Texas Sludge

Recently, the Texas GOP announced its 2010 party platform.  In amongst this platform were several anti-LGBT policies.  These were… 1) Gay people shouldn’t have custody of children;  2) Issuing a marriage license or performing a marriage ceremony for same-sex couples should be punishable by jail time;  3) 19th century statutes outlawing sex between men should be restored  (this also includes any type of oral sex between homosexuals and heterosexuals);  and 4) Homosexuality “tears at the fabric of society.”  The national Republican National Convention (RNC) has yet to distance itself from what the Texas GOP has put down as its platform… at least as of the time that I am writing this.  And even with just these four things (since I’m not even looking at the rest of the platform for this entry), I must say that the Republican leadership in the state of Texas has its head on backwards.

I like how they want to restore a 19th century statute outlawing sex between men.  I think we, as a society, have evolved a bit more since the 19th century… though I could be wrong since I have really visited Texas.  So they could still be fumbling around in the dark and using out-houses for all I know.  But the ironic thing is that the US Supreme Court has already overturned all anti-sodomy laws in 2003 with the case Lawrence v. Texas.  That’s right, the case actually came out of Texas, so you’d think that the Texas GOP would know this.  I mean, if they were to pass an anti-sodomy law, the courts would be abiding by that case.  If a case made it to the Supreme Court (by some weird ass chance), the ruling from the previous case would probably be upheld since nothing has really changed.  The 2003 ruling was 6-3 and overturned a previous ruling of the case of Bowers v. Hardwick.  The Lawrence v. Texas verdict overturned many anti-sodomy laws throughout the country… including in my own home state of Missouri.  The court said that intimate consensual conduct was part of the liberty protected by substantive due process under the 14th Amendment.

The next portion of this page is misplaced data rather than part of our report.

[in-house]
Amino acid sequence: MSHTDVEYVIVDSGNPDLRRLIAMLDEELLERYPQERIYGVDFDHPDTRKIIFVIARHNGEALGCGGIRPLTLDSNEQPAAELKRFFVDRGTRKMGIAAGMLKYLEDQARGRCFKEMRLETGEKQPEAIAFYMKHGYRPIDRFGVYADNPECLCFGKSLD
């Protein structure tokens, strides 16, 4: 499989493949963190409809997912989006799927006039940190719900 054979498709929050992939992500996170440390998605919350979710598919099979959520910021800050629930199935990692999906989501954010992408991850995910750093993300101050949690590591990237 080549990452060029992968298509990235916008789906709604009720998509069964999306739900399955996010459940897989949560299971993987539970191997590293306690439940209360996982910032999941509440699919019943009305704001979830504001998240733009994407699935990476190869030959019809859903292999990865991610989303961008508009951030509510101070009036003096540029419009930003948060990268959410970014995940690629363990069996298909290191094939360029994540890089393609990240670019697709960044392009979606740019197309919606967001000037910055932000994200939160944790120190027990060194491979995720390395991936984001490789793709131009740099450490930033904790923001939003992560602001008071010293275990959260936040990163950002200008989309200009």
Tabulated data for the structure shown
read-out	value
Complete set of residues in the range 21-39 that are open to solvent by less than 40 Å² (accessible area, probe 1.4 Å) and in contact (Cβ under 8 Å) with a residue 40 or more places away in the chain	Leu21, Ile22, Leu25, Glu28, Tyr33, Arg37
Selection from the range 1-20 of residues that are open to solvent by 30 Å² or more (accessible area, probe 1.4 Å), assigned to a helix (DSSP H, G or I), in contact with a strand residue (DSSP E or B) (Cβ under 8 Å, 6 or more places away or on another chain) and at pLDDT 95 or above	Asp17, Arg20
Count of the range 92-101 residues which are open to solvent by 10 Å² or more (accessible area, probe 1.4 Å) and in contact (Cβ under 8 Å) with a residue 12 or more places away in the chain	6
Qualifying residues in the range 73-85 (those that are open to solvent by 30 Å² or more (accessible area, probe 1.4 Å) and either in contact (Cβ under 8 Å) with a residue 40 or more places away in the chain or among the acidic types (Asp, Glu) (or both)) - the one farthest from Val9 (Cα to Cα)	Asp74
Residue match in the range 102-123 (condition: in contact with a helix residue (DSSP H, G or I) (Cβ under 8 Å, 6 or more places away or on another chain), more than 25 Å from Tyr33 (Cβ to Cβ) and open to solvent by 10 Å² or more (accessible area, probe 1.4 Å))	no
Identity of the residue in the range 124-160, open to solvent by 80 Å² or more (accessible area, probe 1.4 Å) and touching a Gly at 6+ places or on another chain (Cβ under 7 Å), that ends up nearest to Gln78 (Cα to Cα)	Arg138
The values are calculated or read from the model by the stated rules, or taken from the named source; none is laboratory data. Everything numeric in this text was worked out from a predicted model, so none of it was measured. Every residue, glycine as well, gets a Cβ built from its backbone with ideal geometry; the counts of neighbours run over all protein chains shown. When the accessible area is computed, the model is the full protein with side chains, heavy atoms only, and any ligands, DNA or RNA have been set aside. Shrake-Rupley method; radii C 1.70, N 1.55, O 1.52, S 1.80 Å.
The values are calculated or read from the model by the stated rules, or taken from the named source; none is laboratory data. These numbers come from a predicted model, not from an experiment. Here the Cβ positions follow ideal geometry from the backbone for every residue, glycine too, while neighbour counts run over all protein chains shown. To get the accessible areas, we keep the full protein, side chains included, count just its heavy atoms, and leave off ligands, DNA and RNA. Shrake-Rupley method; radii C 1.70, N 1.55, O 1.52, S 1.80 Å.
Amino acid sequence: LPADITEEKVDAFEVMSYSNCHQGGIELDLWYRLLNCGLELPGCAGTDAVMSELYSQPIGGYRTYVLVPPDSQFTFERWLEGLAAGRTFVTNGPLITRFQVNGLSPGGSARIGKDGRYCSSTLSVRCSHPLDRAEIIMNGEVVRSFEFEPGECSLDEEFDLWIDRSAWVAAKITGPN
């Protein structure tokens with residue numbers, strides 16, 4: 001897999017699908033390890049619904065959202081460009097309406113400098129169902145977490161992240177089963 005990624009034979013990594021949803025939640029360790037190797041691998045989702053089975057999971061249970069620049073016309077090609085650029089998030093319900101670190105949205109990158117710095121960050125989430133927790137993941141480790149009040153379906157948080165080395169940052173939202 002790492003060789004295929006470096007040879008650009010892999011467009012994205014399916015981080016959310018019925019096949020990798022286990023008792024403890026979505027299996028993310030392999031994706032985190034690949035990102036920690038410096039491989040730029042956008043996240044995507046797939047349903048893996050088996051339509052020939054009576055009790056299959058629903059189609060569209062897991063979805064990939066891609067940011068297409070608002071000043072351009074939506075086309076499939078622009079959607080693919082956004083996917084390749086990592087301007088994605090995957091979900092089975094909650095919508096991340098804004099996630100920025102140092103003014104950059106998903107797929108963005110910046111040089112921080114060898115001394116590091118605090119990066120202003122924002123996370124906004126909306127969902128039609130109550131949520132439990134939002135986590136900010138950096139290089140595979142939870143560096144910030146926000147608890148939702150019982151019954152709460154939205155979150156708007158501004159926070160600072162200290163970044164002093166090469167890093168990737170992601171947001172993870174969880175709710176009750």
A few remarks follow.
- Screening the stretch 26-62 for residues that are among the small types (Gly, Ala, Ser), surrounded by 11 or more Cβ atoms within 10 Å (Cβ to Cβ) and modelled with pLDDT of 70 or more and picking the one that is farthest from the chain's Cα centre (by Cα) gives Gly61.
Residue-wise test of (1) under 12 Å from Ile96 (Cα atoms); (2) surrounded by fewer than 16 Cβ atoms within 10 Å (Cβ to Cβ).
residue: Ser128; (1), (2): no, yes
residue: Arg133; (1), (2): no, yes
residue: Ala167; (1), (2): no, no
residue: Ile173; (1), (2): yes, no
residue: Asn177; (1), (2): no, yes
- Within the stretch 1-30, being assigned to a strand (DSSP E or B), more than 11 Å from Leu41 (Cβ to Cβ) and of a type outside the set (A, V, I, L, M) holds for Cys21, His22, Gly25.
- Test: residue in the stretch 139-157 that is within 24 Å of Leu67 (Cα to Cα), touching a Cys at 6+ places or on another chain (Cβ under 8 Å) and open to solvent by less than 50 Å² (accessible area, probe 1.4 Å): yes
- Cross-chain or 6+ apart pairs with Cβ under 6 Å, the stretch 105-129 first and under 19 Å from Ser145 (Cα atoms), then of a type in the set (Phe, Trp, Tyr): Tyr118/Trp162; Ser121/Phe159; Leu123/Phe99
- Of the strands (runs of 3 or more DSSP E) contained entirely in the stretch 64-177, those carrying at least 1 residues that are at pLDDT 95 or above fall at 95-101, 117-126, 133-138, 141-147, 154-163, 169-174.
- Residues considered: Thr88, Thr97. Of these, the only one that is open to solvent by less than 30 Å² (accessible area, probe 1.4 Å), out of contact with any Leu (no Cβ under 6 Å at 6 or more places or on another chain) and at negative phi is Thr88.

So what does the Texas GOP see in reopening this?  It’s probably just a ploy to get out more of their base since it’s anti-gay measures… and it worked so well in 2004 (and probably works in several states still to do this day).  But, in all honesty, I’m afraid that I must inform the voters of Texas that they’re opening a can of worms that’s already emptied out.  For now, Lawrence v. Texas is the law… and it’s highly unlikely that the Supreme Court will overturn such a law simply because the state wants to bring them back.  The Court, though it has new justices on the bench, hasn’t changed that much in its makeup since 2003.  So I’d have to say that Texas Republicans are definitely behind the times on this… and for them to have even brought it up is simply comical and a major dumbass move.